America Trades returns March 12-13
The America Trades Produce conference is set for March 12-13 at the Tubac Golf Resort and Spa in Tubac, Ariz.
Topics include food safety, with speakers such as Food and Drug Administration deputy commissioner Mike Taylor and Mexico counterparts. There will be a tour of the Mariposa Port, and The Packer is scheduled to present its Importer of the Year award.
Christopher Wilson, associate at the Woodrow Wilson Institute’s Mexico Institute, is the keynote speaker.
Registration is at www.americatradesproduce.com/registration.
Crown Jewels boosts melons
Fresno, Calif.-based Crown Jewels Produce is planning substantial additions to its melon volumes out of Mexico.
“We’re probably going to be up 35% or 40% when you count honeydews and seedless watermelons,” said Atomic Torosian, managing partner.
“And we’ll have a small presence in the Mexican cantaloupe deal.”
Crown Jewels expected to start those items in early April.
Elsewhere in the lineup, the shipper planned to move Mexican grapes as early as the first week of May.
“Perlette grapes look better than last year at this time and are growing rapidly with the warm weather,” Torosian said.
Those will ship under the Crown Jewels label from a ranch in Pesqueria, Sonora, north of Hermosillo. Temperatures in Hermosillo already approached 100 degrees on some February days.
“Most early grapes for us are grown in and around Hermosillo,” he said.
“The late deal is coming out of Caborca a little farther north. There have been some new plantings down in Guaymas on some of the earliest varieties. This will be our first year grapes will go in the ground in Guaymas. In another two years we’ll be having grapes out of that district, which are a bit earlier.”
Del Campo plans mini pepper pack
Del Campo Supreme has a 1-pound bag of orange, yellow and red sweet mini peppers in the works.
“We started growing a few hectares of it,” Jim Munguia, sales manager for the Nogales, Ariz.-based shipper, said Feb. 4.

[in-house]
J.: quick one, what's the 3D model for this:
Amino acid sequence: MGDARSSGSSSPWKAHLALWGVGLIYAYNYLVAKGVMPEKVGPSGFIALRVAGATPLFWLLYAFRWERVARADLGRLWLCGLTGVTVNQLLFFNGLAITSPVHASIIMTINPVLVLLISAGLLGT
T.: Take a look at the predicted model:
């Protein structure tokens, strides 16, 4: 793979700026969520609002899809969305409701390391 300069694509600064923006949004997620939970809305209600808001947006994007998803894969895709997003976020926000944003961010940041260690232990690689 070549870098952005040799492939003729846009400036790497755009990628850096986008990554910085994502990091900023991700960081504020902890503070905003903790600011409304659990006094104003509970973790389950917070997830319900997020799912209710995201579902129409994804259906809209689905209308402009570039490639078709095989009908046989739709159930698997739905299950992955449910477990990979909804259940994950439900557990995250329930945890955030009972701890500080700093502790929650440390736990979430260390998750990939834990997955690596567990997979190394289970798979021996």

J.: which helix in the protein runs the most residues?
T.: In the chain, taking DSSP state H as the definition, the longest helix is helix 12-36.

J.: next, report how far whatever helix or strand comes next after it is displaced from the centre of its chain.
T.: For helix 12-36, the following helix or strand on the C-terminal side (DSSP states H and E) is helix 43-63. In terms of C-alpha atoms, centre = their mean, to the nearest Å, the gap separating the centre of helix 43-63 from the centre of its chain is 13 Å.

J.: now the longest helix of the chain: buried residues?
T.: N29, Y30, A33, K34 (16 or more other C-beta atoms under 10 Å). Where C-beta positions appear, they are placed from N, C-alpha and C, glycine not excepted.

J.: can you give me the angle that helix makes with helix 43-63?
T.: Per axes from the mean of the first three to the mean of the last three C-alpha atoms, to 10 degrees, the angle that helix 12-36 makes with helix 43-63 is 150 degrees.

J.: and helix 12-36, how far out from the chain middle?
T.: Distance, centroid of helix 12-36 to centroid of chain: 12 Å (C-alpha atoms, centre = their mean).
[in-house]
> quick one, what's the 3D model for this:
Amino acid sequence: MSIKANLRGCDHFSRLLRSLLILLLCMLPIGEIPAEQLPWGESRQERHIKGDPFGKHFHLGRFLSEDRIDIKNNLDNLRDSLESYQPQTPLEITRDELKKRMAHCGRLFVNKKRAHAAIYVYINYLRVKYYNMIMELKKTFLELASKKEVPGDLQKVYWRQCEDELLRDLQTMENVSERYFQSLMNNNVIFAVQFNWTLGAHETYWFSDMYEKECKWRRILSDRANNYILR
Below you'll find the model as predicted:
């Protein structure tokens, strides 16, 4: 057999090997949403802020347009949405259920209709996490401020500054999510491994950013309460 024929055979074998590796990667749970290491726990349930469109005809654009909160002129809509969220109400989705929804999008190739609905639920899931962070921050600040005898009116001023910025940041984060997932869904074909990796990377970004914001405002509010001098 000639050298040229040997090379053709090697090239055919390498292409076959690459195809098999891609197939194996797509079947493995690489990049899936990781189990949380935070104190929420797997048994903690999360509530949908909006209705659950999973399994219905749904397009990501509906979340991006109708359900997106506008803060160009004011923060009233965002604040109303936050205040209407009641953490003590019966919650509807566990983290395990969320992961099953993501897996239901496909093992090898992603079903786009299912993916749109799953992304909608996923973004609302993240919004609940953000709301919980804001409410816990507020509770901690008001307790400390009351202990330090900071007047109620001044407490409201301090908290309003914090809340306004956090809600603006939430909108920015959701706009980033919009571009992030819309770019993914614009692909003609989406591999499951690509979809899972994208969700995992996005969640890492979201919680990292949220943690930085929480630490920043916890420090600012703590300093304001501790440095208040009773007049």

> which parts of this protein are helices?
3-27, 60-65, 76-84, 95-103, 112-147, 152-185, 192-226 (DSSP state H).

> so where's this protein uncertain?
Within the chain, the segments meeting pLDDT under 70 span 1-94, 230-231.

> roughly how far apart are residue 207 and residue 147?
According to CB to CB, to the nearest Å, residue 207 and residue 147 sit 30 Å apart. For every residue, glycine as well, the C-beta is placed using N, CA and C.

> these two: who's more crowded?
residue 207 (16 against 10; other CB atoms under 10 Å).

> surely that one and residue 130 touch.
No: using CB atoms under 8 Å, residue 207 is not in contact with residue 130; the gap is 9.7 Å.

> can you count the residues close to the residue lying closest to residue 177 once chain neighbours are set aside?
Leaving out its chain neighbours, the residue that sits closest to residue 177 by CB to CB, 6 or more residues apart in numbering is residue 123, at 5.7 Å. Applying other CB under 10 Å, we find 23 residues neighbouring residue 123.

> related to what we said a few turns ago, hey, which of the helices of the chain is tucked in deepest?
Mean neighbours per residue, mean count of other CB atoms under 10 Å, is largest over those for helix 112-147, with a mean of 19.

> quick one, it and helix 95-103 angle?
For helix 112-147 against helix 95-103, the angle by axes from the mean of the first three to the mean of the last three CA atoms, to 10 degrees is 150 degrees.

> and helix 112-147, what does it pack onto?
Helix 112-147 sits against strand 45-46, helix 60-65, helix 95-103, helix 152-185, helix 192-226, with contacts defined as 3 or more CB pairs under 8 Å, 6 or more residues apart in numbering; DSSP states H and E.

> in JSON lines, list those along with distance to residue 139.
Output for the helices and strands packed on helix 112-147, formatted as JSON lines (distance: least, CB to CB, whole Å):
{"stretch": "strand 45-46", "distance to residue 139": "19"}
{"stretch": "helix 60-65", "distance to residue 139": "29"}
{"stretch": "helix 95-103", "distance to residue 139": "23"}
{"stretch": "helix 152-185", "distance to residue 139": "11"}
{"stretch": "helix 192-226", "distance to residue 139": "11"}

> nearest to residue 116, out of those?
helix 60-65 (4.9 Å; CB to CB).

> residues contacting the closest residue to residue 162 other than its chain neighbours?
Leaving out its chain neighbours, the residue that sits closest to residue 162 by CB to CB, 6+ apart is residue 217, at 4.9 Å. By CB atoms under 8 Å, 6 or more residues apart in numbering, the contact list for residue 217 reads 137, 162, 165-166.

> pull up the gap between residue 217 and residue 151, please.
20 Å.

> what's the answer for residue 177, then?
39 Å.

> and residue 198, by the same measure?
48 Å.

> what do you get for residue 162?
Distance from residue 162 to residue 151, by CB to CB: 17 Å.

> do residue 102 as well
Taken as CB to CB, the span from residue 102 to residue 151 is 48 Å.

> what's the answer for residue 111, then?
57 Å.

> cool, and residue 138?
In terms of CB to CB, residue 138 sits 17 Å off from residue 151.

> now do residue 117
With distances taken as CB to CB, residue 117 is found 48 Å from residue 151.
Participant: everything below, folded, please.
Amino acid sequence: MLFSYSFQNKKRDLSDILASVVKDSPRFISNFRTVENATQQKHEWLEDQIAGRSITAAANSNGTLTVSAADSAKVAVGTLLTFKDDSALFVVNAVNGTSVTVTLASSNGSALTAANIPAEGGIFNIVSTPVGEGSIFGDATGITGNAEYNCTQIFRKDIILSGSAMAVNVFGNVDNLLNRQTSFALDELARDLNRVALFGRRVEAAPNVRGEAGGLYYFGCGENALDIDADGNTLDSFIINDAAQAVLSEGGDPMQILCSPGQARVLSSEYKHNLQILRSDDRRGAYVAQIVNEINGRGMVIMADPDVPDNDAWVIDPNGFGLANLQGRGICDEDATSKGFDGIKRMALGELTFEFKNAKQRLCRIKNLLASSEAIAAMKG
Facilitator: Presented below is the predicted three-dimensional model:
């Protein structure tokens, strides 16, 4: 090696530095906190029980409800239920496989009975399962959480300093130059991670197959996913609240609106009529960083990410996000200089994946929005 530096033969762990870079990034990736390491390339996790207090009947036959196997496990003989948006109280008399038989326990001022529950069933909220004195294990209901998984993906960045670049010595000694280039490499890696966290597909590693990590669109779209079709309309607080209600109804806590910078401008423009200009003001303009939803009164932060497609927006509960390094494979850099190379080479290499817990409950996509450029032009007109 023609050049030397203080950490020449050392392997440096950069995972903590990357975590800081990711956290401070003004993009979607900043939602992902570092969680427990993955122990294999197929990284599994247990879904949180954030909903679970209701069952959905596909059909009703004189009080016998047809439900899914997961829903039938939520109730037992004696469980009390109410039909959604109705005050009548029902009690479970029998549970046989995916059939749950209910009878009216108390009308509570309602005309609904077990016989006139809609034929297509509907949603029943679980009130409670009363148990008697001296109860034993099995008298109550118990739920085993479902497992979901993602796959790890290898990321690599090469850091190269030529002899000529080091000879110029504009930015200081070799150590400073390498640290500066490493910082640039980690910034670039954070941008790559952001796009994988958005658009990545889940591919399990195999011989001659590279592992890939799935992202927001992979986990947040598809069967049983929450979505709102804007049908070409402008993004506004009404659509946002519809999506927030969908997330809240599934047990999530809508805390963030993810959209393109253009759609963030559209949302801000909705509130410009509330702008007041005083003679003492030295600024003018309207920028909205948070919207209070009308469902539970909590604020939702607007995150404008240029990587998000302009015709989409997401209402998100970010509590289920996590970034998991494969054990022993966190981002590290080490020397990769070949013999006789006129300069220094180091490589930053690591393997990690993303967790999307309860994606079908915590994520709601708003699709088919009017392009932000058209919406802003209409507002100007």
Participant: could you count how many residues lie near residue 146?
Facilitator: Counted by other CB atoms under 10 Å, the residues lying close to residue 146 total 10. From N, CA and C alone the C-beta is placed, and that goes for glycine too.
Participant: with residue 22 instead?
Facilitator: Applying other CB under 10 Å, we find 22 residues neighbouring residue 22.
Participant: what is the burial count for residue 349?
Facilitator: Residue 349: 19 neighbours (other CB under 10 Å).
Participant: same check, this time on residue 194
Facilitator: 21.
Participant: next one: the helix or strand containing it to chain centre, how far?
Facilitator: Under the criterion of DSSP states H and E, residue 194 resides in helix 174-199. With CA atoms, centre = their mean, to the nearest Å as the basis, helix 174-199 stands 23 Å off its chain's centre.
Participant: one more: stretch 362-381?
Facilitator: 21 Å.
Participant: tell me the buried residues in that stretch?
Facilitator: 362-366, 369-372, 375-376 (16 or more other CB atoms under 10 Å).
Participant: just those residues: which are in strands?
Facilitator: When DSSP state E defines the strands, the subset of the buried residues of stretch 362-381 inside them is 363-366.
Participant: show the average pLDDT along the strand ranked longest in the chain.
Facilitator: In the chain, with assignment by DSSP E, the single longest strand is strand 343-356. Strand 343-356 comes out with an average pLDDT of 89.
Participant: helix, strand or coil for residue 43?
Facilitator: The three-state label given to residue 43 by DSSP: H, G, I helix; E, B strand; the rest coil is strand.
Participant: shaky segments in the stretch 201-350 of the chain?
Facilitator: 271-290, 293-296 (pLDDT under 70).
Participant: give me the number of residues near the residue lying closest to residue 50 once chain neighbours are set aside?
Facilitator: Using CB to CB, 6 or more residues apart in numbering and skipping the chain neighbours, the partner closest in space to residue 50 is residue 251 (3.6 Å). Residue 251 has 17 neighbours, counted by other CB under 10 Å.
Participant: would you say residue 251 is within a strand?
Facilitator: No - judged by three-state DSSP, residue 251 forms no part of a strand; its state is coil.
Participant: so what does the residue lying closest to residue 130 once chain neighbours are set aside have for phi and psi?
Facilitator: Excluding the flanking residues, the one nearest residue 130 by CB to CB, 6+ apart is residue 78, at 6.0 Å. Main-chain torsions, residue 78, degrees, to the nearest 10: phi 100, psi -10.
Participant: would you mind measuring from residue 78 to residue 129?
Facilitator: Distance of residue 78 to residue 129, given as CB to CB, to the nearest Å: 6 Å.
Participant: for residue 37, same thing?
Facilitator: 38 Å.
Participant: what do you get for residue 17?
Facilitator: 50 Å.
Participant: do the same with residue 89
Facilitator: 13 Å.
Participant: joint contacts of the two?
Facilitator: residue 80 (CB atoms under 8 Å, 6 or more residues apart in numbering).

“We’re just in the process of introducing it to chains, but nothing is on the shelves yet. We’re showing it to the corporate end of retail, looking for feedback and getting our packaging ready to go.”
Del Campo Supreme lately has been promoting the packaging on another product, its T’mates cocktail tomatoes introduced at the Produce Marketing Association Fresh Summit in October.
“The cocktail tomato package is a cardboard box that’s green and ecology friendly,” Munguia said.
“It’s a totally different packaging system with a fresh look. A window displays the tomatoes inside. When you open it they’re side by side, top to bottom.”
“Comments have been positive,” he said.
L&M expands into round tomatoes
L&M Cos. Inc., Raleigh, N.C., plans to add round tomatoes to its Nogales, Ariz., lineup.
“By the end of the season we might get a shot of round tomatoes, in March,” Johnny McDaniel, sales and operations director, said Feb. 5.
“But we’re not sure yet. It may be for next season.”
In Texas, L&M is increasing roma, bell pepper and cucumber volumes crossing at McAllen with production from Tamaulipas, Mexico. The same is true for watermelons sourced out of Campeche, Mexico, McDaniel said.
McAllen operations are overseen from Nogales. Previously that was done from L&M headquarters in Raleigh.
Prime Time ramps up hard squash
Coachella, Calif.-based Prime Time International is in its first full season of Mexican hard squash, with kabocha, acorn, butternut and spaghetti loading at Nogales, Ariz., said Mike Aiton, director of marketing.
“Just this week we started to cross in good supply,” he said Feb. 5.
“There aren’t many items in west Mexico where the market prices are very good,” Aiton said.
“Last year on hard squash there were a lot of sales in the $20s due to some weather, but now it’s more seasonably correct in the $8-12 range.”
Wholesum adds Mexico acreage
Organic grower-shipper Wholesum Family Farms, Nogales, Ariz., plans to add 2 hectares to an existing 14-hectare greenhouse site near Imuris in Sonora, Mexico.
“We broke ground in January and expect it to be ready by July,” said Ricardo Crisantes, general manager.
“We’re thinking of planting there in the first days of August and picking organic tomatoes on the vine in late fall,” he said.
Wholesum Family Farms, which has been in a construction phase in recent years, plans its next expansion for 2015 at its Arizona site.
“The scope is still being studied,” Crisantes said.